published in 1811, Sense and Sensibility is the only one of Austen’s novels that can be classified as typically eighteenth century. Leavis claims the book “is in fact the most Johnsonian of the Austen novels in style” (150),1 while Kirkham feels that the schema “of contrasting heroines . . . was to be found in many women novelists, especially those of an improving tendency” (86). Kirkham goes on to compare the narrative with Edgeworth’s Letters of Julia and Caroline (1795) and West’s A Gossip’s Story (1796). Implicit in these comments is the assumption that this novel is more closely linked to the work of her predecessors and less original in approach than the later works.
Although she had written First Impressions and Susan, Sense and Sensibility was the novel upon which Austen chose to stake her future as an author. Austen personally financed the publication of Sense and Sensibility. Had the book been a failure, she may never have had the courage to risk either her own, or her relatives’ money again. P.J.M. Scott feels the decision to publish Sense and Sensibility first was based on the fact that this “was the book which Austen most wished to preserve and disseminate.”2 Another more reasonable explanation, however, particularly in light of the fact that when she originally submitted the manuscript she told the publishers that it was “about the length of Miss Burney’s ‘Evelina’” (Persuasion 362), is that this book was similar in style to the popular novels of that period. Consequently, she had greater confidence in it succeeding, since unlike her other novels it did not break the accepted narrative mode of the day.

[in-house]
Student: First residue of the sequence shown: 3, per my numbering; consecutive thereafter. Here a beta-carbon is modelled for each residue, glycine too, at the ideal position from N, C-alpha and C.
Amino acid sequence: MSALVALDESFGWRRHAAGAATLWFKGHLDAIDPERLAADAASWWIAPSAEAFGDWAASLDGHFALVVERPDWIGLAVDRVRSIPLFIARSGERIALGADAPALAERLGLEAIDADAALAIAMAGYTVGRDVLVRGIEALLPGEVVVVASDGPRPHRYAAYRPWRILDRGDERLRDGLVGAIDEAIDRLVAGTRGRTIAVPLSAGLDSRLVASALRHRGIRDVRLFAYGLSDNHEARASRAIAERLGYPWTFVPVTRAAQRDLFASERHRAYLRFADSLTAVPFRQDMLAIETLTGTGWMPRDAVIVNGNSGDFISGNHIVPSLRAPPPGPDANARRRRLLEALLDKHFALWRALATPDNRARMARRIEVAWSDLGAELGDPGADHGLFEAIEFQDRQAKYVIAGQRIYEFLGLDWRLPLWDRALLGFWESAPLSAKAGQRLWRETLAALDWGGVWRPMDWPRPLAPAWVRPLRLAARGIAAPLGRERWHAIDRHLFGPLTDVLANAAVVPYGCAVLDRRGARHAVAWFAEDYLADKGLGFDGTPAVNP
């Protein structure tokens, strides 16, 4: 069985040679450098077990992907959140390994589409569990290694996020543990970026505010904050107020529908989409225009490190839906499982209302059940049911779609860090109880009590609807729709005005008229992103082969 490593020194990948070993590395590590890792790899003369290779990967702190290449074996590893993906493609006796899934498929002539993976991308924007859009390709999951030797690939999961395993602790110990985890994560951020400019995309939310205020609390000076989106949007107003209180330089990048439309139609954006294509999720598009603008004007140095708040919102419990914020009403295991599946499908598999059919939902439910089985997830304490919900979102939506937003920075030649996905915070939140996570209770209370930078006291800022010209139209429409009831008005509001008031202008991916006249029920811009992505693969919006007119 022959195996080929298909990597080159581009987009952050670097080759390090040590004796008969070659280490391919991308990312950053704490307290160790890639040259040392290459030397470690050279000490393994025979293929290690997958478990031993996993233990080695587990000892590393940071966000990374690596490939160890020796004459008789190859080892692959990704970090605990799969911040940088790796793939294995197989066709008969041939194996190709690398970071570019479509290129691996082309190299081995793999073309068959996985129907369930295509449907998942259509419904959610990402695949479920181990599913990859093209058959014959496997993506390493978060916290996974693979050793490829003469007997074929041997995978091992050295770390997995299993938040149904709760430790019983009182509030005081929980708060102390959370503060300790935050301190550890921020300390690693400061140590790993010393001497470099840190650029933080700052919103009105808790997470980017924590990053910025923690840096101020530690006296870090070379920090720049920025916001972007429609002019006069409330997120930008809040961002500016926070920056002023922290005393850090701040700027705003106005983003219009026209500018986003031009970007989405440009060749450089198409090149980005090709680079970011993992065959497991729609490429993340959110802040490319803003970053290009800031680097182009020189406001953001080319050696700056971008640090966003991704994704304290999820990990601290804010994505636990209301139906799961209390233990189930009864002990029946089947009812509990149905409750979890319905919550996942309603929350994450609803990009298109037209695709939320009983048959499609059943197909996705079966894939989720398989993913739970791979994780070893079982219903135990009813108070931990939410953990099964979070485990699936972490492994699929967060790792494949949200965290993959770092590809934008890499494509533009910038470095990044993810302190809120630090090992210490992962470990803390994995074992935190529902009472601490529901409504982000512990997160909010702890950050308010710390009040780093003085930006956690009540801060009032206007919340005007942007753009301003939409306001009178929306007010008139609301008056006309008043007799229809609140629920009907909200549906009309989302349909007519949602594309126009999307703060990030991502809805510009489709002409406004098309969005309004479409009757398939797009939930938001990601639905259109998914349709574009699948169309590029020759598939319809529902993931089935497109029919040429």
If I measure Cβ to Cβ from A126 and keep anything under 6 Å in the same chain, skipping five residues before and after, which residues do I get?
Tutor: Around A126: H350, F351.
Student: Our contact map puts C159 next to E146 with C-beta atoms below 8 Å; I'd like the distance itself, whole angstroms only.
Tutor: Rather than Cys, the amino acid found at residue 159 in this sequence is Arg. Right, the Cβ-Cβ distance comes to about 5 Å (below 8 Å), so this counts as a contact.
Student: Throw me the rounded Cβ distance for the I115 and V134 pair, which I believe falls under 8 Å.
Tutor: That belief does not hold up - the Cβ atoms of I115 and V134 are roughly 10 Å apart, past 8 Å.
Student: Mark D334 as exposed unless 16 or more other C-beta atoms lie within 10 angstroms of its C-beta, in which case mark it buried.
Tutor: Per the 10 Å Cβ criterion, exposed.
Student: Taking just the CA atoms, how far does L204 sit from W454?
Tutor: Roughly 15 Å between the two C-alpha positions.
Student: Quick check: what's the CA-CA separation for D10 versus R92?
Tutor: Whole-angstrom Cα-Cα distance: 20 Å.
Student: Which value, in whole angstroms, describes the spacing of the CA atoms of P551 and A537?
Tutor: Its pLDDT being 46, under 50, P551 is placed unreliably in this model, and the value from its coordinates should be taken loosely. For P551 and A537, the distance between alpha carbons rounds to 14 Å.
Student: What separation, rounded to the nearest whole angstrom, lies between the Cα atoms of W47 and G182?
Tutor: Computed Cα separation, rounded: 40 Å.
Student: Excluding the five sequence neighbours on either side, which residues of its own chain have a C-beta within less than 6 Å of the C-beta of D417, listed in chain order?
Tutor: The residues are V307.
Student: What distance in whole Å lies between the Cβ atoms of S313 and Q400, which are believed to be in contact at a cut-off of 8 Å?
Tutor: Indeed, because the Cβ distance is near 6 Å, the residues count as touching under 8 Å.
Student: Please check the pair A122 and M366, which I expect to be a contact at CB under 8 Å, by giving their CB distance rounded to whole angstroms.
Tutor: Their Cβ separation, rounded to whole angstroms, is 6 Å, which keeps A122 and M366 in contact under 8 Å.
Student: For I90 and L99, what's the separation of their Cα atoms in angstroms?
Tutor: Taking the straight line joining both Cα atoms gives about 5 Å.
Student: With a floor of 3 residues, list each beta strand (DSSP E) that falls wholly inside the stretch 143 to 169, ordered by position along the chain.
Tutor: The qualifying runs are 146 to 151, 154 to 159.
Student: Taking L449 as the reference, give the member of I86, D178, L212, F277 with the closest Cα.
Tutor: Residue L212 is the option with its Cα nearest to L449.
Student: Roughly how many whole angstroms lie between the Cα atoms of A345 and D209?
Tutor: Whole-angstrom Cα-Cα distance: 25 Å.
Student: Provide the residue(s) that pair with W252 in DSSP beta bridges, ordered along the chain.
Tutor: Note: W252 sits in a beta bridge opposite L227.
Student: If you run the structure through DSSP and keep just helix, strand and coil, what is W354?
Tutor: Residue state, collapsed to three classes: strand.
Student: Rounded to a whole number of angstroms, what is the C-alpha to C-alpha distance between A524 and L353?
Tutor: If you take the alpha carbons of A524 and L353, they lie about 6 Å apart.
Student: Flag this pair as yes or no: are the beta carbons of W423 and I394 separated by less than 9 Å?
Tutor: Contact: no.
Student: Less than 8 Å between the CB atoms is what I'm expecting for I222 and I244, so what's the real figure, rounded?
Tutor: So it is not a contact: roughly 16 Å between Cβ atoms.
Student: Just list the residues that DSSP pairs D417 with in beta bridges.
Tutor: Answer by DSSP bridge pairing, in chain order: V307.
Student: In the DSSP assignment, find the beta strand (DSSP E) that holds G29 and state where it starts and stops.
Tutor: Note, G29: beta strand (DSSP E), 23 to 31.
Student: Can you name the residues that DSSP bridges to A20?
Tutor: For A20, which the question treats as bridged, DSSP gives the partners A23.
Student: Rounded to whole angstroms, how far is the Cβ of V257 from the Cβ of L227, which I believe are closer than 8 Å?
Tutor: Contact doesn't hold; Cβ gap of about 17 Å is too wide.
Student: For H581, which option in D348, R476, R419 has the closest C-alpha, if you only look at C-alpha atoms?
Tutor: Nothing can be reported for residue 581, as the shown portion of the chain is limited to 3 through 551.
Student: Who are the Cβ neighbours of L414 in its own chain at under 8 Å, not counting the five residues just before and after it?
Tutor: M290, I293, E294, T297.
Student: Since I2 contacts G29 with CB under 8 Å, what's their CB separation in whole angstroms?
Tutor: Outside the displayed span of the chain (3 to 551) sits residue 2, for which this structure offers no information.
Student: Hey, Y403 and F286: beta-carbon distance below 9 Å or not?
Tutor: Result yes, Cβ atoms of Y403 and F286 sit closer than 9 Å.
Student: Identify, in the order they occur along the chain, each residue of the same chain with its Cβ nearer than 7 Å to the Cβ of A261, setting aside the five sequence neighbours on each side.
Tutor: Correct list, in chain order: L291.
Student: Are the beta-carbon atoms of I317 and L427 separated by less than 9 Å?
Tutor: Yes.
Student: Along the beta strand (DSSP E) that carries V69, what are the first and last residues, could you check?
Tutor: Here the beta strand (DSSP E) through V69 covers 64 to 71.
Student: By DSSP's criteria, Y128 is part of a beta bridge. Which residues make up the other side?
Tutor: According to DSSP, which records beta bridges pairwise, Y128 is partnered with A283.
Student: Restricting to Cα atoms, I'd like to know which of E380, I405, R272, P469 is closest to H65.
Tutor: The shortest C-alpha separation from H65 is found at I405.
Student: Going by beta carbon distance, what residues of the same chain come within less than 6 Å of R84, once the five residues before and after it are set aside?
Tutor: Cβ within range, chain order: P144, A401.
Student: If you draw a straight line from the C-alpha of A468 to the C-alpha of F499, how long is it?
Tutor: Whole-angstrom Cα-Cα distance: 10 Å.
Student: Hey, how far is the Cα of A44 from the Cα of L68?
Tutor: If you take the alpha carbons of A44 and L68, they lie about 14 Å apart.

Money is one of the pivots of the plot in Clarissa. The greed of the Harlowe family and the jealousy because Clarissa was preferred in her grandfather’s will are to a great extent what determine their actions. In The Mysteries of Udolpho, money is also an axis: for Montoni’s desire for Emily’s property, along with his determination to marry her to a wealthy suitor, contributes to her misfortunes. Similarly in Sense and Sensibility money is the source of all the action. This is yet another confirmation that this novel is firmly entrenched in eighteenth-century traditions. In all of Austen’s later narratives the actions and tensions arise out of the protagonists’ reactions to external events (that is, psychological causes) rather than the external events themselves. Here, however, external events in the form of a lack of money take the Dashwoods into Devonshire, make Willoughby leave Marianne, and save Edward from Lucy. And despite their different temperaments, both heroines are forced to sit passively and wait for their circumstances to improve. They make no decisions, and if Mrs. Ferrars had not given Robert financial freedom, he would not have been able to marry Lucy, which in turn left Edward free for Elinor.3 Elinor and Marianne, by being rather than doing, waiting rather than acting, are very much in line with other eighteenth-century heroines, such as Burney’s Evelina, Edgeworth’s Belinda, and Radcliffe’s Emily.